Geometry and Induction Tidbit (09/19/2003)

Prepared by:

Joseph Malkevitch

Mathematics and Computing Department

York College (CUNY)

Jamaica, NY 11451

Email: malkevitch@york.cuny.edu (for additions, suggestions, and corrections)

Very often in mathematics one is trying to verify (prove) that a certain statement is true, but the statement involves a parameter and, therefore, asserts infinitely many statements. How can one verify infinitely many statements in only a finite amount of time?

First a few examples:

Theorem 1:

1 + 3 + 5 + .... + (2n - 1) = n^{2}

This assertion states in words that if one add up the first n odd numbers one obtains n^{2}. Note that this statement is being asserted for every choice of n where n is a positive integer.

In particular, when n is 4, it is being asserted that 1 + 3 + 5 +7 = 4^{2} = 16, which is, in fact, the case.

Theorem 2:

Suppose S is a grid of squares (that is, a chessboard), with 2^{n} squares on each side, but with exactly one square of the grid removed. We conclude that S can be covered (tiled) with the polyomino below:

This polyomino is known as the L-tromino, since it is "L" shaped and has three squares.

It seems remarkable that no matter what square is removed from a chessboard that has a power of two squares on each side, that such a tiling is possible.

Again this assertion is being claimed for infinitely many situations and so how does one verify such an assertion?

One important tool is that of mathematical induction.

Intuitively, the idea behind mathematical induction is that if one has a statement which one hopes is true for all integers from some integer on, one can produce a proof as follows:

Verify the statement for the "start" value. Now, assuming that one knows the statement is true for any integer value, verify it for the next value.

To make an analogy, to climb a ladder requires one be able to get to the starting rung, and given that one is on any particular rung, one can climb to the next one. If both of these things are true then one can climb the whole ladder.

The formal statement of mathematical induction is:

Given a collection of statements S(n) where for each value of n we get an a statement which we would like to verify is true.

1. If S(1) is true

2. If the truth of S(k) implies the truth of S(k+1)

Conclusion:

S(n) is true for every value of n.

Note that if we can prove the geometric theorem above, we can also prove a result in number theory as well. Since the polyomino shape has three squares, if it is to tile our chessboard having a side length a power of 2 with one square removed the number of squares of the modified chessboard must be divisible by 3. Thus: 3|(2^{2n} -1).

An interesting question is if a chessboard with 1 square removed has a covering by L-trominoes. The easiest special case to consider is whether or not the 5 x 5 chessboard with 1 square removed can be covered by L-trominoes. The answer is yes for some choices of where the square is removed but no for others! (You should verify this for yourself.)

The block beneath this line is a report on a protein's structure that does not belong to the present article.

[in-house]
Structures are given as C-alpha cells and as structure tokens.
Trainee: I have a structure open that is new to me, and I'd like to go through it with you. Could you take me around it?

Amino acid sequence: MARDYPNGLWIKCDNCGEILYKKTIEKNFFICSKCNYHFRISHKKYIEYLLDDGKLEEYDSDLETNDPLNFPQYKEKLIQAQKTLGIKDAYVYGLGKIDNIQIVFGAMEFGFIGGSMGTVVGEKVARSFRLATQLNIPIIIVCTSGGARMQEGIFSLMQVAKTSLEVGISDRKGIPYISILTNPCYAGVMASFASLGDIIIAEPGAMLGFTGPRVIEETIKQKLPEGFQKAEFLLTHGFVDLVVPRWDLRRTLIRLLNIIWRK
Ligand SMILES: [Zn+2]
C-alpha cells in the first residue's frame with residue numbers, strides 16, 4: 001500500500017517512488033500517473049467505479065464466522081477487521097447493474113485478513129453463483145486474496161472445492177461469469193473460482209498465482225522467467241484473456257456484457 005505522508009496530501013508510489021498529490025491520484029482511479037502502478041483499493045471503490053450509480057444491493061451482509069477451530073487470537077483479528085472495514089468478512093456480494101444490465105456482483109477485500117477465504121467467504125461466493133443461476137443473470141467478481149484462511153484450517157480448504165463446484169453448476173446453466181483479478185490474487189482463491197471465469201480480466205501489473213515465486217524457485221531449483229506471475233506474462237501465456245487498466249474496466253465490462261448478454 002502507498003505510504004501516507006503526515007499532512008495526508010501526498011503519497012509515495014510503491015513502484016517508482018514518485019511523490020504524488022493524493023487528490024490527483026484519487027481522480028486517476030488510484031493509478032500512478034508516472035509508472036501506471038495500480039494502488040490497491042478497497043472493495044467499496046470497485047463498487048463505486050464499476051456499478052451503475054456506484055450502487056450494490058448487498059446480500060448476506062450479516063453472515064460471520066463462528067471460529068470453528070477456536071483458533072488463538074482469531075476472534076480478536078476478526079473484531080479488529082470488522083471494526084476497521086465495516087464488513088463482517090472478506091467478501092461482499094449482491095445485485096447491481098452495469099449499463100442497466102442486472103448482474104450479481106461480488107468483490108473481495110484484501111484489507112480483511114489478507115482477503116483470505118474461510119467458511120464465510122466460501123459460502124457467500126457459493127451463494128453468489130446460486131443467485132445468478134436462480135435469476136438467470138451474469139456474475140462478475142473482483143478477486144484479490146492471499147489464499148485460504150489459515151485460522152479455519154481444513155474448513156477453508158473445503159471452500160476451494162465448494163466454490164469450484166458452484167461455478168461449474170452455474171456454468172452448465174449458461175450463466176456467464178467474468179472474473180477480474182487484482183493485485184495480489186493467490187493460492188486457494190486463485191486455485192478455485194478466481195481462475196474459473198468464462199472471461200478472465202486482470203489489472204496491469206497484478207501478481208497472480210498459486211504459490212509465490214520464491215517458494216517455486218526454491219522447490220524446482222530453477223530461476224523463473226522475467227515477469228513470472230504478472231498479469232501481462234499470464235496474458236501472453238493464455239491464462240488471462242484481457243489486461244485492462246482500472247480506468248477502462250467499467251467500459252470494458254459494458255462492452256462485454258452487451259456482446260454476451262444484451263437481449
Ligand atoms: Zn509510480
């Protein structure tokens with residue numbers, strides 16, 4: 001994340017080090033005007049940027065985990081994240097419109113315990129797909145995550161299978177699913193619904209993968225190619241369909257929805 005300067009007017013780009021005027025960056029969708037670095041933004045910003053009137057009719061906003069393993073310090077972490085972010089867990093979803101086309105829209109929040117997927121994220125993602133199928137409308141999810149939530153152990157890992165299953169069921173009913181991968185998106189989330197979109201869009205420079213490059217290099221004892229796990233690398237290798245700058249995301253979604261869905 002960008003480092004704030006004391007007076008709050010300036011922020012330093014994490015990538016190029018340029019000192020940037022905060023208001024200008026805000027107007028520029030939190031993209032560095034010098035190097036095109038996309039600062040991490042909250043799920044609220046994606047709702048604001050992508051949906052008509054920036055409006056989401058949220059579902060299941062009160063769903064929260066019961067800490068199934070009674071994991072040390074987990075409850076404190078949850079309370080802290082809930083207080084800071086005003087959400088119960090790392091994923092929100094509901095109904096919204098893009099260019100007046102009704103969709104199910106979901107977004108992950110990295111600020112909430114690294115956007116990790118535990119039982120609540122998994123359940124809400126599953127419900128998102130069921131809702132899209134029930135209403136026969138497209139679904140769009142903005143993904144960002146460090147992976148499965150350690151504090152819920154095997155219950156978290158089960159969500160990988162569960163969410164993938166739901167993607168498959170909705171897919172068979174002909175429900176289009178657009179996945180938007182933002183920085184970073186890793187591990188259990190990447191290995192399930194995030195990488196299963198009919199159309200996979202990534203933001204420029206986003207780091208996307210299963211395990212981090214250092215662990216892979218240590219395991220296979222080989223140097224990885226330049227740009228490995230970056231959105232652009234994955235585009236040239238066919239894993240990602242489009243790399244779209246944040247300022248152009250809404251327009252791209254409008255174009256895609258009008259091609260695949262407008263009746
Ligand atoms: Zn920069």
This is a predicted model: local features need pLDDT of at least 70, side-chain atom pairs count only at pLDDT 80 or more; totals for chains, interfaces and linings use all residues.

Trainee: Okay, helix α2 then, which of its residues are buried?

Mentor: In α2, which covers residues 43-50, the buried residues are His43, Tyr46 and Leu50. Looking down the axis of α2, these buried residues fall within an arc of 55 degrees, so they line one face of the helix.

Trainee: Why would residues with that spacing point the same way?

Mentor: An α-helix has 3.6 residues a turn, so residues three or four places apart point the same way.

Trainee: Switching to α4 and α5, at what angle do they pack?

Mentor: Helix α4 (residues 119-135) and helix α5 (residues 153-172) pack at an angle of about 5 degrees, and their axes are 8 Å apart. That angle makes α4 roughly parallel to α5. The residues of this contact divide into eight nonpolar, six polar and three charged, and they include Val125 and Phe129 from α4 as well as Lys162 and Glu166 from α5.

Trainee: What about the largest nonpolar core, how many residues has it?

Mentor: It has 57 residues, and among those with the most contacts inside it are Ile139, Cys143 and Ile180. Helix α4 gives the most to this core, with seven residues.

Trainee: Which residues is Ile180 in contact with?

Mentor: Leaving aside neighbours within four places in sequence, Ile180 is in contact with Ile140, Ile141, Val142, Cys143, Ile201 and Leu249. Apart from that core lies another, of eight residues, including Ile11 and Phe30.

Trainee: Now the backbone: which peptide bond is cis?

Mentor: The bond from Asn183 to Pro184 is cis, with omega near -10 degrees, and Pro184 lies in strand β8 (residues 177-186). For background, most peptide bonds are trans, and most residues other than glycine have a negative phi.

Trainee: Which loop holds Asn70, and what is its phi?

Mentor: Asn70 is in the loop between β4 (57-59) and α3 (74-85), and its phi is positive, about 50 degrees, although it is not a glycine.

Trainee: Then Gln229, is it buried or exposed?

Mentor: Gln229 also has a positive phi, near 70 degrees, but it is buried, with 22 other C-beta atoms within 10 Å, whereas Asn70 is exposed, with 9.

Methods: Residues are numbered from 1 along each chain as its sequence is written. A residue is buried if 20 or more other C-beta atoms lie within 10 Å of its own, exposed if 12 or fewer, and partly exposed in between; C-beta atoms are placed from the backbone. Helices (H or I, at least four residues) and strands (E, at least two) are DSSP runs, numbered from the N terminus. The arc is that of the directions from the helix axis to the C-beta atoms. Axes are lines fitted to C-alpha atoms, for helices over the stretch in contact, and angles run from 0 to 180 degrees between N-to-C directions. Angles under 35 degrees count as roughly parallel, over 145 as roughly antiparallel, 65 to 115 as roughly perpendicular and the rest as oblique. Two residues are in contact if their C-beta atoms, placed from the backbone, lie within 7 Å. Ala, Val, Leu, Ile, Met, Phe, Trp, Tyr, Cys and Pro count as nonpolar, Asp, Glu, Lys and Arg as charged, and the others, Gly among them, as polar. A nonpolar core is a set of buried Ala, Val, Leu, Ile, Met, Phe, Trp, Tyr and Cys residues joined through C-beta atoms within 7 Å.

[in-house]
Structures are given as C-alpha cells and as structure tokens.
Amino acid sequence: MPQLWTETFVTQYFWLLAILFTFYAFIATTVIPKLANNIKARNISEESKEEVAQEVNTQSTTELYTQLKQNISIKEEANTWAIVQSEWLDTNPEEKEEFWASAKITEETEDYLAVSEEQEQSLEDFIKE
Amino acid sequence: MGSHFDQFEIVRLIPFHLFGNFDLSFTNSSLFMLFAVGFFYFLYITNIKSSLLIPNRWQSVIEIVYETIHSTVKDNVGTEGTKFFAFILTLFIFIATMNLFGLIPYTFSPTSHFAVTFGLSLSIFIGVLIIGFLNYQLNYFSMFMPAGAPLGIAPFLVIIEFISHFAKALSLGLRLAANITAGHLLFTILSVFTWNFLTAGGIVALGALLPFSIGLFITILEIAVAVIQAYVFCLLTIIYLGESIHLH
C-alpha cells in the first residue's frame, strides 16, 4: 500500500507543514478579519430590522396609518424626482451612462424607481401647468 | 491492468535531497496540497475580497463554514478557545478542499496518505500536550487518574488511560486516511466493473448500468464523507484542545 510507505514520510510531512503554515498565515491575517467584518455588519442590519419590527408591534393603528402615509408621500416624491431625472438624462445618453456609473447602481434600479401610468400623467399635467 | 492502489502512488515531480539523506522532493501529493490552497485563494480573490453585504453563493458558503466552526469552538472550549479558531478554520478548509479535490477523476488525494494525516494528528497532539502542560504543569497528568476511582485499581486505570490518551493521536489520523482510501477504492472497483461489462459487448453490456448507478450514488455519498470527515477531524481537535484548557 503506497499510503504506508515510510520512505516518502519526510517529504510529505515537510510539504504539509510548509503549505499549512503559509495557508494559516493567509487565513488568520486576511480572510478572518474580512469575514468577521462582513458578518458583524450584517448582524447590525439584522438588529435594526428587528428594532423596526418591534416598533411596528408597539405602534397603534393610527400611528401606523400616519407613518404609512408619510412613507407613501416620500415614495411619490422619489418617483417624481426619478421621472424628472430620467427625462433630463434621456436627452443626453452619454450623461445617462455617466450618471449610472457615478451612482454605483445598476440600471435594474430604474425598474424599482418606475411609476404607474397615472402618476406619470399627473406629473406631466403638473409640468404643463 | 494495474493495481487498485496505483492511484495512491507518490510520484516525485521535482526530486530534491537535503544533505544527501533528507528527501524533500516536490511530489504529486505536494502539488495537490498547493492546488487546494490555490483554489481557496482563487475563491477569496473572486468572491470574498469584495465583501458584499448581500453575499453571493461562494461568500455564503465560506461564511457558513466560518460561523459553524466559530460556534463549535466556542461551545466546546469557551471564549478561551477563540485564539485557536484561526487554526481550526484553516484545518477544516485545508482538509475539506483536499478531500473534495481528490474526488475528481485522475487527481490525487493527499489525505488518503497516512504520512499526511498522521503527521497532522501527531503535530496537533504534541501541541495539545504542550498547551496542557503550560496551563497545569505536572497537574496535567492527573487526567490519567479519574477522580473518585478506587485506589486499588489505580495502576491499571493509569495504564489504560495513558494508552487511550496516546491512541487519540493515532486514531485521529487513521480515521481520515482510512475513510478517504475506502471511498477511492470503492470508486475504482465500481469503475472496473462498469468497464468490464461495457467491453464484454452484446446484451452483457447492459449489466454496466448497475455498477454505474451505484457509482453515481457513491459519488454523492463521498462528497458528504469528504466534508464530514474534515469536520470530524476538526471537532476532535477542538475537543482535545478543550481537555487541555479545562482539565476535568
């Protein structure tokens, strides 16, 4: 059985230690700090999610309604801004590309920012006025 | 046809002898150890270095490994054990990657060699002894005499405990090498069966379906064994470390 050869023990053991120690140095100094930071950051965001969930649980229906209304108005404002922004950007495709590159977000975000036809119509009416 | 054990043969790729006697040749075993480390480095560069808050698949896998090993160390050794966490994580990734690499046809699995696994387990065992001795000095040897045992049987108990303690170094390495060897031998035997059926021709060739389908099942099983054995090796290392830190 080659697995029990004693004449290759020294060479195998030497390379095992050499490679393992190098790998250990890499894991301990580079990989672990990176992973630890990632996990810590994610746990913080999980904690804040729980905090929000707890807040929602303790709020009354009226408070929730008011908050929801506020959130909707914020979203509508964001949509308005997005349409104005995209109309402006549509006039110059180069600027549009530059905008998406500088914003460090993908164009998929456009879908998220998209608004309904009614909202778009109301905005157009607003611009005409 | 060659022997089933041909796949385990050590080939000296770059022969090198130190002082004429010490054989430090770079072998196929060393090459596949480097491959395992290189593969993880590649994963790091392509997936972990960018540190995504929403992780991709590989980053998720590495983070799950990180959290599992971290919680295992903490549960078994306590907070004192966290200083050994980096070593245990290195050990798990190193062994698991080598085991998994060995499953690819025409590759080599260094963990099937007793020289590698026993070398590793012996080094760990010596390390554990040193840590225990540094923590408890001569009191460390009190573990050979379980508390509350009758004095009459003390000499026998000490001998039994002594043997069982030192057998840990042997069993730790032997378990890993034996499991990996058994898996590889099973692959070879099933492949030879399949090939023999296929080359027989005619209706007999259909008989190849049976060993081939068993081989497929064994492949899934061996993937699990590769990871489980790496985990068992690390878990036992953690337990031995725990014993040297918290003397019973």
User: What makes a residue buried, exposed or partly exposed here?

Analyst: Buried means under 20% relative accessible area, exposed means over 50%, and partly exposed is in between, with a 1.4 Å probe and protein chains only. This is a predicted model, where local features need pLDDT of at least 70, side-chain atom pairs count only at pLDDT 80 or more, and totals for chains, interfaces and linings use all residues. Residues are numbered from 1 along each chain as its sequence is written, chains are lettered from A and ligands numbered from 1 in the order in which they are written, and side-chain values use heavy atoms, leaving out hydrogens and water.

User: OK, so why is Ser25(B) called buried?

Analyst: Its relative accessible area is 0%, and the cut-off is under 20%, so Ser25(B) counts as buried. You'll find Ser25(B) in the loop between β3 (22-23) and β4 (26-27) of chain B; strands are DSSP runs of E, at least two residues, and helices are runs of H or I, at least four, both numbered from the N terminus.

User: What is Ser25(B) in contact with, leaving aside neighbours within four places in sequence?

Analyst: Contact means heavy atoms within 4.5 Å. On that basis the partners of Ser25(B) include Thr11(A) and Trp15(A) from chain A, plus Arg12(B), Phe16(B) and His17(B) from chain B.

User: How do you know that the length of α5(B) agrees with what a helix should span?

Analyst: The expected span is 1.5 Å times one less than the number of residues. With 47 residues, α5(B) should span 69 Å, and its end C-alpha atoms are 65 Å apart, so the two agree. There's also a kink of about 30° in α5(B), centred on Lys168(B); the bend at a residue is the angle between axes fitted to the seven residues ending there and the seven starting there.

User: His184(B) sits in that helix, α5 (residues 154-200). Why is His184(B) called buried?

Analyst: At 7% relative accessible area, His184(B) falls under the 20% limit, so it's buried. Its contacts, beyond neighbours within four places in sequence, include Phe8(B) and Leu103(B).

The inductive proof of the Theorem 2 is very attractive. Can you find it for yourself?

Another lovely geometric result that can be solved using mathematical induction is to verify that number of regions that the plane is divided into using n straight lines, no two of which are parallel and no three of which pass through a single point. The key to studying this question is to first consider the question concerning how many sections a line is divided into when n points on the line are selected. After answering the question about lines, one can look at the question concerning how many regions planes divide 3-dimensional space into. After that you can take on 4-dimensions and higher!

Exercises:

Here are some interesting and informative geometric problems that can be solved using mathematical induction.

1. Any tree has one more vertex than edge.

2. Any polyomino has even perimeter.

3. Find a formula for the number of regions that n lines in the plane none of which are parallel and where no three lines pass through a single point. Prove that your formula is correct using mathematical induction.

References:

Chu, I-Ping and R. Johnsonbaugh, Tiling deficient boards with trominoes, Mathematics Magazine, 59 (1986) 34-40.

Fredrickson, G., Dissections: Plane and Fancy, Cambridge U. Press, New York, 1997.

Golomb, S. Polyominoes, second edition, Princeton U. Press, Princeton, 1994.

Martin, G., Polyominoes, Mathematical Association of America, Washington, 1991.

Acknowledgement:

Thanks to Arthur Benjamin for the first reference.

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